Koepka looms, but he needs to make putts
July 20, 2019
By Mike McAllister, PGATOUR.COM
- Brooks Koepka carded a 4-under 67 to sit seven shots back at The Open Championship. (Kevin C. Cox/Getty Images)
PORTRUSH, Northern Ireland – From Brooks Koepka’s perspective, nobody in the field through three rounds of The Open Championship has been better tee-to-green.
“I’ve hit it as good as I could possibly imagine,” he said.
“I’ve putted the worst in the entire field. … It’s been really bad. Very frustrating. Disappointed.”
And yet, there he is, still looming near the top of the leaderboard. Koepka’s 4-under 67 on Saturday at Royal Portrush leaves him at 9 under for the tournament and in a tie for fourth with Justin Rose.
The bad news is that he’ll start Sunday’s final round seven shots off the lead held by Irishman Shane Lowry.
For the player who’s gone 1-T2-1-2 in his last four major starts, it’s certainly not out of the realm of possibility for Koepka to make his presence felt at Royal Portrush. Yes, he’s well back of Lowry, who has a four-shot lead over Tommy Fleetwood. The tournament is in Lowry’s hands, not Koepka’s, going into the final round.
But if Lowry stumbles – which he did three years ago after holding a four-shot lead through three rounds of the 2016 U.S. Open at Oakmont – then Koepka has just two players to hurdle: Fleetwood, who’s 12 under, and J.B. Holmes at 10 under.
“It’s just not the week I’ve been looking for, not the week that I’ve expected,” Koepka said. “But at the same time, there’s one more round, so I need to figure it out.”
Bad weather will help. Strong winds and potential rain are in the forecast, and that’s potentially good news for the chase pack. In perfect conditions Saturday, Lowry shot an 8-under 63, tying for the second-lowest score in major championship history. Another perfect day would make things easier for him.
“You need some wind, you need some rain,” Koepka said. “You need anything that can kind of go your way. And that’s got to be an advantage – especially the way I’m striking the ball. I’ve struck it so good. If it’s going to be windy, you need to be able to strike it good, control your flight and figure out where you want the ball to end up. If it’s going to blow 30 (mph), it can get out of control very quickly.”
Rose, in the same boat as Koepka, knows it’s just a matter of picking off the guys ahead of him and taking advantage if Lowry has a bad day.
“Whenever some guy’s stretch the lead, I’ve always said, where’s second place? …” Rose said. “You never know what the leader is going to do. You’ve always got to look at where the chasing pack is and stay relevant to that.”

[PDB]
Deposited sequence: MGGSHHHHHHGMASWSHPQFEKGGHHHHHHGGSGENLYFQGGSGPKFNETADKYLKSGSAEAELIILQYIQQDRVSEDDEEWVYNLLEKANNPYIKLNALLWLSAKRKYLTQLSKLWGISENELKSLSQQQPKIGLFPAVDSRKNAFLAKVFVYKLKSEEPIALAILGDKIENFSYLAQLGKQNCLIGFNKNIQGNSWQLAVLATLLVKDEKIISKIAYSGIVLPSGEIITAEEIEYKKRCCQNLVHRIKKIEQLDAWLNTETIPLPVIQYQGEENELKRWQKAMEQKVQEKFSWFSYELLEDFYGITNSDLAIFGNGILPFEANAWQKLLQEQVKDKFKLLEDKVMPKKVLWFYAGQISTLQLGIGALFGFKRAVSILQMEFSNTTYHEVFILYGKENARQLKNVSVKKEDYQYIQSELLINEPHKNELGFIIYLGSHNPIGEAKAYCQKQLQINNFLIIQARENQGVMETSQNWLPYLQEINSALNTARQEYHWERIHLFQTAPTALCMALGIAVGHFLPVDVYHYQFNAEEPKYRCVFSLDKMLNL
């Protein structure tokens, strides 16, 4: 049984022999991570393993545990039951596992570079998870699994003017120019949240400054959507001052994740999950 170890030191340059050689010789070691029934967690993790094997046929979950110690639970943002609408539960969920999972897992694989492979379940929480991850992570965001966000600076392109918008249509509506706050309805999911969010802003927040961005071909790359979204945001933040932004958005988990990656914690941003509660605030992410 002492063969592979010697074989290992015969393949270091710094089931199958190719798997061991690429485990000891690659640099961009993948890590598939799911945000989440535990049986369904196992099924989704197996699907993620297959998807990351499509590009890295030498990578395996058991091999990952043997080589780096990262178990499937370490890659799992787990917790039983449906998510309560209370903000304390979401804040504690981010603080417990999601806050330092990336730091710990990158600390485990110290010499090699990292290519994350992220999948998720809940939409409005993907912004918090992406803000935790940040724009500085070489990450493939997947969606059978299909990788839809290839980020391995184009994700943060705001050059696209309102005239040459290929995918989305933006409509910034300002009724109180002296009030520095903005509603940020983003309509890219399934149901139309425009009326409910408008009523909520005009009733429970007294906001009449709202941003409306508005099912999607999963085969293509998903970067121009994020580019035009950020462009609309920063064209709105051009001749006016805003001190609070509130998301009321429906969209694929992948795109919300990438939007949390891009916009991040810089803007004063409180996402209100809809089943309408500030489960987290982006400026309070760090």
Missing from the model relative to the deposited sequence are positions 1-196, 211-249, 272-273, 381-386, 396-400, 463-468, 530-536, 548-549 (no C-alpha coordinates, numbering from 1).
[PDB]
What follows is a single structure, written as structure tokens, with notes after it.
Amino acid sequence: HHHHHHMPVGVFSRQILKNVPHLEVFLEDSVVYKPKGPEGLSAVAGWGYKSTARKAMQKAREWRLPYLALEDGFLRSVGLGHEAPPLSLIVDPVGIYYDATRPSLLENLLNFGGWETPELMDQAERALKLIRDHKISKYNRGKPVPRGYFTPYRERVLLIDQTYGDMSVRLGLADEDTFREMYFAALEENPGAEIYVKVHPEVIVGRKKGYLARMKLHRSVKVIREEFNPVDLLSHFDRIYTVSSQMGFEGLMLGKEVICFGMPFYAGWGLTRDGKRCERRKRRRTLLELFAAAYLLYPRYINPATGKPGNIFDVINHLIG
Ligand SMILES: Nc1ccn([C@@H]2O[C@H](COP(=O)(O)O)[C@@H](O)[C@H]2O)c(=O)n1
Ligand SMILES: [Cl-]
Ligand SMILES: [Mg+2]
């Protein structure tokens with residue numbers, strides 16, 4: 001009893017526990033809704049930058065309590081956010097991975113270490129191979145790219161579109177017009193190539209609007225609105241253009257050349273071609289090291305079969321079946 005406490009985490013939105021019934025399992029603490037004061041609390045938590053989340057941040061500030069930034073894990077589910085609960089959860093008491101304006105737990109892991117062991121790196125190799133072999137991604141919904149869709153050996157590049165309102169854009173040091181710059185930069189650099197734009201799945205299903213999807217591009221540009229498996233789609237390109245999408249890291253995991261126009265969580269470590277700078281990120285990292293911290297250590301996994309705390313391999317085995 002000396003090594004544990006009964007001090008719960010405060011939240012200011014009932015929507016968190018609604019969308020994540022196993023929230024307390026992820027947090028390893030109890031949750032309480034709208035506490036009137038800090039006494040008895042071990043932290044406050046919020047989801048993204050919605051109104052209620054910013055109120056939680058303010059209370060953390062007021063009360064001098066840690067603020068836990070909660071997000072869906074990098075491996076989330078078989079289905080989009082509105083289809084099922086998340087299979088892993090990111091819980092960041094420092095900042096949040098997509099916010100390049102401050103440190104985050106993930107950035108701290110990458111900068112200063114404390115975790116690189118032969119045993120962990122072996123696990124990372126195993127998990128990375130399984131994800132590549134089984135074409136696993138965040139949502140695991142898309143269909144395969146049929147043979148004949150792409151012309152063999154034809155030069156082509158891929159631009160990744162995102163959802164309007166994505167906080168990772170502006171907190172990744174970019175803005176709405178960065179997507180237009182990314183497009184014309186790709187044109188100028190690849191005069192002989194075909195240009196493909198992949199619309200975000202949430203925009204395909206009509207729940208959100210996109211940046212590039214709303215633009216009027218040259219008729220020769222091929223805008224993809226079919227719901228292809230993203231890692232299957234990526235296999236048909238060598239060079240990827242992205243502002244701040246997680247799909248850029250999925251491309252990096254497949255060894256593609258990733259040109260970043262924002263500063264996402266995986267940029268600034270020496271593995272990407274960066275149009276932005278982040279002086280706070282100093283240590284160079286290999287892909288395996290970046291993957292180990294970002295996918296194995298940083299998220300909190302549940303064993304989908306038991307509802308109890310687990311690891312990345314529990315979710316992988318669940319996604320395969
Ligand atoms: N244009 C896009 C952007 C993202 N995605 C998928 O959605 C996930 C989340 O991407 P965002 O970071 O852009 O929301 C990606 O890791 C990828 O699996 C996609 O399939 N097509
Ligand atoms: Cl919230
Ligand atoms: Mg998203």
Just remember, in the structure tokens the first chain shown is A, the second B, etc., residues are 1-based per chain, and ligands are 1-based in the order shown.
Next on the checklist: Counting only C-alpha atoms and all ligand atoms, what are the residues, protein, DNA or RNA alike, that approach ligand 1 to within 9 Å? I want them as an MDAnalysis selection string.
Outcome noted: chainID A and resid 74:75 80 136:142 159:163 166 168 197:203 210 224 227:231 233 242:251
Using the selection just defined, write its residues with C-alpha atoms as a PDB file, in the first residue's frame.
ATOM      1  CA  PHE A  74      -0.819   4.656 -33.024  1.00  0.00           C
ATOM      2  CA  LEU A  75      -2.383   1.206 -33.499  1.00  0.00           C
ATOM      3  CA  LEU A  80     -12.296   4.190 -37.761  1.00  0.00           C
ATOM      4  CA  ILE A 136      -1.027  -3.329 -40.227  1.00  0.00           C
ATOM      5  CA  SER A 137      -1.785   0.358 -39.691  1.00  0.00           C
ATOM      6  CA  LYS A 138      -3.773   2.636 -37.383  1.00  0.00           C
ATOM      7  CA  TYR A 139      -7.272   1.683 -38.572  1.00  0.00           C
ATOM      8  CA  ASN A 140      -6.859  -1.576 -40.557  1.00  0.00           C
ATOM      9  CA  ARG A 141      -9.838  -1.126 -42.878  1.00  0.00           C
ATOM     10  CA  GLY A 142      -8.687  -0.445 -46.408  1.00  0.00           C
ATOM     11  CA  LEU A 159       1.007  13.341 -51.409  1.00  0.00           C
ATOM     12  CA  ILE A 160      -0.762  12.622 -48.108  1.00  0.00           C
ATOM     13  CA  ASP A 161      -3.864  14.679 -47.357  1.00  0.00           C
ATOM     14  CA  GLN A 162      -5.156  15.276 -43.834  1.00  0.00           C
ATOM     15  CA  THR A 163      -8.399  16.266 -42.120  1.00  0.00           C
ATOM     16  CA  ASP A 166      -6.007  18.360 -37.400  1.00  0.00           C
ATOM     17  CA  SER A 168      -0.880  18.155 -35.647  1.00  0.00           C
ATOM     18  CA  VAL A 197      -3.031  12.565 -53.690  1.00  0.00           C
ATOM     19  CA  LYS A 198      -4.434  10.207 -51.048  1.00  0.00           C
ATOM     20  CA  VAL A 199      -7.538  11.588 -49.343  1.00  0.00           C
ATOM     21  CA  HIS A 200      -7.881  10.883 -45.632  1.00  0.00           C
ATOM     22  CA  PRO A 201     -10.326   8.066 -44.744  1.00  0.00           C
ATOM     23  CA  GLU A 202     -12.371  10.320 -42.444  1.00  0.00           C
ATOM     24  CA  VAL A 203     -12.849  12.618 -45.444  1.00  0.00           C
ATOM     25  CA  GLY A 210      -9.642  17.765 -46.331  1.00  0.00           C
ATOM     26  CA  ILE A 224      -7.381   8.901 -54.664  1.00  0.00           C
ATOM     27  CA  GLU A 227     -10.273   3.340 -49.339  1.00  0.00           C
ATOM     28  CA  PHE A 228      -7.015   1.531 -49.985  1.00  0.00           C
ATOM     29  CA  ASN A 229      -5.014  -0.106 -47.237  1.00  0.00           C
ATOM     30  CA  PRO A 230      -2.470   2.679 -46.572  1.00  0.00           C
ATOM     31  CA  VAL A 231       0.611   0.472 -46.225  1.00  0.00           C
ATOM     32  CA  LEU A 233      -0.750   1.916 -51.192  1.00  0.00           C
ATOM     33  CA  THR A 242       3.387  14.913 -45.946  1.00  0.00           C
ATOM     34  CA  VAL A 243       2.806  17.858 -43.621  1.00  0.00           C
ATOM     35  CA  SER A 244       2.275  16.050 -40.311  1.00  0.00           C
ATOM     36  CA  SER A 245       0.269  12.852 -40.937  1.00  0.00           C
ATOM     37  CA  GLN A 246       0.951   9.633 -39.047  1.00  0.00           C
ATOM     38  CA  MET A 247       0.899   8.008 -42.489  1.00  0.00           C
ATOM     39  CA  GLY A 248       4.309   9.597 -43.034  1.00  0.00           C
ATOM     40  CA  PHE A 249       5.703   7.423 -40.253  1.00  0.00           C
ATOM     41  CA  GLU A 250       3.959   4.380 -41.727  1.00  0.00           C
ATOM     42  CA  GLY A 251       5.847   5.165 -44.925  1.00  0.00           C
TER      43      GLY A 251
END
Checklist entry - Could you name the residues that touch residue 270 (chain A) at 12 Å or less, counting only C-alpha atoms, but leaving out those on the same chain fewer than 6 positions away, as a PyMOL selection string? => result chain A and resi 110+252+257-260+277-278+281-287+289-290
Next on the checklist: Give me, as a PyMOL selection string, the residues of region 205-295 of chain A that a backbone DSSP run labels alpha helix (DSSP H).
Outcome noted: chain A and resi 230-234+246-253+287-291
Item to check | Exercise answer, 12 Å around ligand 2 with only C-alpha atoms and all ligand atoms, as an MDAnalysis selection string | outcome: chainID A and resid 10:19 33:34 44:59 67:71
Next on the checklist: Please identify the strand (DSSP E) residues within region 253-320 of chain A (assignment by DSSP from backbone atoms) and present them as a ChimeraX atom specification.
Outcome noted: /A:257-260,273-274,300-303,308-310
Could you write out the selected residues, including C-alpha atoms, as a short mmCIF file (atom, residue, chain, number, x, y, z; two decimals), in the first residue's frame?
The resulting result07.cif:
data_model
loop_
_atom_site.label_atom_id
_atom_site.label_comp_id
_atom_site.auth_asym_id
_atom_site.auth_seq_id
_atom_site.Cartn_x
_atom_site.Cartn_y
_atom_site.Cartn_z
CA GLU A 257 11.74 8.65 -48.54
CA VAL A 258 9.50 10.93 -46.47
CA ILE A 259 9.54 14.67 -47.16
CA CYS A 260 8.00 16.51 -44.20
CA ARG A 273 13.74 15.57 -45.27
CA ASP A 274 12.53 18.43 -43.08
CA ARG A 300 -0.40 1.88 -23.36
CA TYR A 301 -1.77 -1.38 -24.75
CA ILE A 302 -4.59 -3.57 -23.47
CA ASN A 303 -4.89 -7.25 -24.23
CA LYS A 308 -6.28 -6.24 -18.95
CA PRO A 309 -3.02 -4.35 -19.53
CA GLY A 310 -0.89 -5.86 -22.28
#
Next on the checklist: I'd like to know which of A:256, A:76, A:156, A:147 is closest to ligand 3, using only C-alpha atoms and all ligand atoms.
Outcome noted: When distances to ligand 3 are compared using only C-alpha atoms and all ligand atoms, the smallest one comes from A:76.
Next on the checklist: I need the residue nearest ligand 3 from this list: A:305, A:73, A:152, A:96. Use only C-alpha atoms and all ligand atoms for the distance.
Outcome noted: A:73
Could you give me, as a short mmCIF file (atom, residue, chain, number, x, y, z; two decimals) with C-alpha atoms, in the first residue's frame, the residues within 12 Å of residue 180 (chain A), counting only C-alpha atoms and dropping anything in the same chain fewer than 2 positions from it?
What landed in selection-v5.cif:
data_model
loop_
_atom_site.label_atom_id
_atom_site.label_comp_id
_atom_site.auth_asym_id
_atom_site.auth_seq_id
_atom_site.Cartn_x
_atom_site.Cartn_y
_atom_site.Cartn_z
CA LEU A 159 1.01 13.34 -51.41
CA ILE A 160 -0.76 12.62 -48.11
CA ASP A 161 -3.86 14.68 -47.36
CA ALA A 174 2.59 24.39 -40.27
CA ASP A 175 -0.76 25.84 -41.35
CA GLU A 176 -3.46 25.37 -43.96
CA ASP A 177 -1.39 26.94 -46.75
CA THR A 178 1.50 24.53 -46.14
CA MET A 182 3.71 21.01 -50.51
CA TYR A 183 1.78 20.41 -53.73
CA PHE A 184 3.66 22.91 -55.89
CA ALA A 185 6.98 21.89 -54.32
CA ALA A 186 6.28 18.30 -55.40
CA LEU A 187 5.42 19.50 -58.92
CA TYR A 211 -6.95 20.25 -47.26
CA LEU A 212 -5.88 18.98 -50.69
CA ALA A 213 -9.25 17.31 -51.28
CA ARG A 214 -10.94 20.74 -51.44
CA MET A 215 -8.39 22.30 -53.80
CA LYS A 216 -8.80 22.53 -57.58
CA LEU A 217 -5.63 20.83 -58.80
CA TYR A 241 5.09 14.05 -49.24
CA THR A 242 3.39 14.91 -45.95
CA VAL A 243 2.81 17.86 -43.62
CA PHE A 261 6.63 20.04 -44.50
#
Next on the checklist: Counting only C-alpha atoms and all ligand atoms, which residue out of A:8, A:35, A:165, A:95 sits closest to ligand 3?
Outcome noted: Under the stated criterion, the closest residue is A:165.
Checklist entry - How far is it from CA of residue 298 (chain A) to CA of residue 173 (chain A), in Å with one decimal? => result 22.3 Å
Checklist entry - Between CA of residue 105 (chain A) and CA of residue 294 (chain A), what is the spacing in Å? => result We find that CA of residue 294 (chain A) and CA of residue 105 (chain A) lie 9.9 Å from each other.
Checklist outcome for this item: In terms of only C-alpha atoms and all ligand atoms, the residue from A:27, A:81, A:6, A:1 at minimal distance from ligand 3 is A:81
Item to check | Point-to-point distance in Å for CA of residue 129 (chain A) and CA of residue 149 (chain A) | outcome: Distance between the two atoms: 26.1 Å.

That chasing pack is led by fellow Englishman Fleetwood thanks to his bogey-free 66 on Saturday. Fleetwood’s putter has been more effective than Koepka’s this week. He’ll also have the benefit of keeping Lowry in his sights, as the two are paired in the final group.
Of course, that means he’ll also have to deal with all the support that Lowry will receive Sunday. It was a crazy scene on Saturday as Lowry rode the emotional Irish backing in the final group with Holmes. No reason to think it will be different in the final round.
“I’m very happy to have that challenge,” Fleetwood said. “If you had said at the start of today, at the start of the week, at the start of the year, you’re going into the last round – whether I’m four back, five back, it doesn’t matter -- I’m in the last group Sunday at The Open and playing with Shane, and the majority of the crowd might not be with you, I would’ve said fine, ‘Yeah, that’s fine.’
“I’m looking forward to it, to be honest with you.”
Holmes had the front-row view on Saturday and called it “awesome” to see, a “cool experience.” Added Holmes: "I don't know how many times in history you get the opportunity to witness that or be around that, to have somebody from the home country put a round up like that in an Open. It's pretty special. Something I'll never forget."
But in shooting a 69 and losing six shots to Lowry, Holmes now must hope he can at least switch the scores Sunday. No lead, he figures – or at least hopes -- is insurmountable in a major.
“It's tough no matter whether you have a one-shot lead or a five-shot lead,” Holmes said. “It's tough to finish off a major. It's a tough test. So we'll see.”